We’ve seen why a strong returns policy is an essential aspect of customer retention, acquisition and customer service.

So, why do so many retailers find it hard to get it right?

For retailers, returns can be scary. They cost money and pose logistical challenges that threaten to eat into the bottom line if not managed properly.

One report suggested that while up to 10% of instore purchases are returned, this increases to between 15% and 40% for purchases made online. In several years, some predictions have even valued the cost of returns will reach a trillion dollars, while others have claimed that some retailers end up throwing away over 25% of returned items.

This is bad both for businesses and the environment.

As a result, top retailers are having to think of new ways to keep up with the landslide of returns coming their way.

It’s an issue that reached new levels of urgency in 2020 during the global lockdowns of the Covid-19 pandemic. Research by Royal Mail found that returns in the UK increased by 25% in July 2020 compared to the previous year as shoppers turned online to make their purchases.

This sudden change in behaviour served to highlight the weaknesses in returns policies and reverse logistics. Retailers should act now to improve this process, whether they seek the help of a third party logistics provider or address their issues internally.

5 Ways to Improve Your Returns Policy

1. Look at your returns window

Do you offer a standard 30 days for you customers to return an item to you?

This is expected as the minimum in the UK as returns are covered by the Consumer Rights Act. Other countries are not so generous, with many stores in the USA requiring returns within just 7 days to receive a refund.

First of all, you always want to make sure your returns policy abides by any consumer rights laws within the country you are trading.

Then, think about whether your customers will find this long enough. For big or expensive purchases, they might appreciate a little extra time to familiarise themselves with their new item. Again, this can be a big draw in acquiring new customers, especially if you know very few customers actually do send the product back.

Some retailers are going either further with their returns windows. For example, IKEA famously gives a full 365 days for customers to change their mind.

A lot of brands offer a ‘trial’ period with a guaranteed refund if they aren’t happy. Beauty website Feel Unique offers a ‘Try Me’ service, sending out a sample along with a full sized product. Customers can then test it out before opening the bottle, allowing them to return it if they decide it isn’t for them.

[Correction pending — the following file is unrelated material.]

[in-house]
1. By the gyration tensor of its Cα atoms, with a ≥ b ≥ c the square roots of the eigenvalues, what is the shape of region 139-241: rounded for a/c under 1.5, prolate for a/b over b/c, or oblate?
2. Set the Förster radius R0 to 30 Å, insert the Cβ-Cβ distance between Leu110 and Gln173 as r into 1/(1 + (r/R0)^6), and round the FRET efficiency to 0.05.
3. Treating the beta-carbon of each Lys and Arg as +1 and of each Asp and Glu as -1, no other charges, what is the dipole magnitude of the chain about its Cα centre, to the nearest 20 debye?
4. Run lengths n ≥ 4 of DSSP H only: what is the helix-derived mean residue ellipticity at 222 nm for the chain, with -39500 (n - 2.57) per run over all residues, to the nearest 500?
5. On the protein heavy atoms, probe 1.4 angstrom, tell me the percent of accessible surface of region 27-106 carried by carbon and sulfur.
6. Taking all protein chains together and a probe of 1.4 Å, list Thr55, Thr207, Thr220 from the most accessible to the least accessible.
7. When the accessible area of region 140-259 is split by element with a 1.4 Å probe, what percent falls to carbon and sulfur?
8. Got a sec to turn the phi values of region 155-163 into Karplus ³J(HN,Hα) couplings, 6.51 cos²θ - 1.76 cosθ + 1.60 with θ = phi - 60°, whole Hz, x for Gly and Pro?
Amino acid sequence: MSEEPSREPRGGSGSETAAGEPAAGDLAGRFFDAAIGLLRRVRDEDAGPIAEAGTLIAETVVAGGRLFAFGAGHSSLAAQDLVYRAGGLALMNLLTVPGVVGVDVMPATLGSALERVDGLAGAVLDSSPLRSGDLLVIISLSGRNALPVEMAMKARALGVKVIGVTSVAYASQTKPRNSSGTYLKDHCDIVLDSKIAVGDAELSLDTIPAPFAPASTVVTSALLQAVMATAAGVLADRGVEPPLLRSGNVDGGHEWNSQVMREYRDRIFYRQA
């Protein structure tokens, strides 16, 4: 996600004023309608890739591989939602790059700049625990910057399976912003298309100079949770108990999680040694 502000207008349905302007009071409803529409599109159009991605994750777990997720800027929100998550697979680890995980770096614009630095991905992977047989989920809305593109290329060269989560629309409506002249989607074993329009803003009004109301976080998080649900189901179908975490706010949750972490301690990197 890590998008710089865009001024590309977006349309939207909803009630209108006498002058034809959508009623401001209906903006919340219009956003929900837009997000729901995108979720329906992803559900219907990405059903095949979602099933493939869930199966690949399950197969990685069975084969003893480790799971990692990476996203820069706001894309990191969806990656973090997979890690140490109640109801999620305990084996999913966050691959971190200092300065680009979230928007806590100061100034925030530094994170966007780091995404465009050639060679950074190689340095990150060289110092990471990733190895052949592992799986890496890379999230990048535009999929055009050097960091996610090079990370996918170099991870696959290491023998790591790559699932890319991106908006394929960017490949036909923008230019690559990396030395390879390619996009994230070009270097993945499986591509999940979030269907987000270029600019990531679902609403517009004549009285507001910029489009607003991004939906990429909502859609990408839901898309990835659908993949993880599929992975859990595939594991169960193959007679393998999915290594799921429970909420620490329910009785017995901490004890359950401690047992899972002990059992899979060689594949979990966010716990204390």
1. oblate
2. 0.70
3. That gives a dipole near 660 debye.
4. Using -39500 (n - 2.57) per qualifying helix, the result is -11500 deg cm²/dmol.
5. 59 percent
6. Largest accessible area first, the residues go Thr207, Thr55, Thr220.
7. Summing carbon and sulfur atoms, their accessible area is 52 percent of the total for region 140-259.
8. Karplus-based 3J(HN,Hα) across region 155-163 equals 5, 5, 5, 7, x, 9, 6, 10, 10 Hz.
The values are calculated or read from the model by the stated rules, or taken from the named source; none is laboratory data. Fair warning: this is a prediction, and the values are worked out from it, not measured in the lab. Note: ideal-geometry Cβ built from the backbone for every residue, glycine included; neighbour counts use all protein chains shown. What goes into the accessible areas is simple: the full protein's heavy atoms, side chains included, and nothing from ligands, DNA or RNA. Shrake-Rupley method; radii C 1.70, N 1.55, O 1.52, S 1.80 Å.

2. Consider the language you use in your returns policy

Even if you find returns are a pain point for your business, you customer shouldn’t feel that way.

Review your returns policy page on your website and put yourself in the customer’s shoes. How does it make you feel? Are you reading off a list of rules to be obeyed? Or, do you feel as though your business understands that returns are important to you?

Words and phrases like ‘you must’ and ‘we are not responsible’ will be immediate turn-offs.

Instead, use phrases such as ‘we hope you love your item’ and ‘we understand’ to build up a relationship of trust.

Choosing the right language when writing a returns policy is key. You want to reassure your customer that you want them to love their item. But, you also need to show that you are aware that it might not be quite right for them – or that they might simply change their mind.

Make it transparent and genuine, too. Don’t over complicate, use jargon or worse – just copy and paste it from Google. Use your brand’s tone of voice and create an opportunity to connect with your customers. Including some positive testimonials from existing customers here is a good way to prove that others have had a great experience with your brand.

3. Shout about your returns policy

As we have already mentioned, your returns policy isn’t just about keeping existing customers happy. It’s also a chance for you to impress new potential customers.

According to UPS, 68% of shoppers check the return policy on a website before making a purchase.

So, if you have a policy that sets you above your competitors, then make sure you advertise it. As a standard, it should have it’s own landing page. But, to get the most out of it, highlight your returns USPs on banners across your website.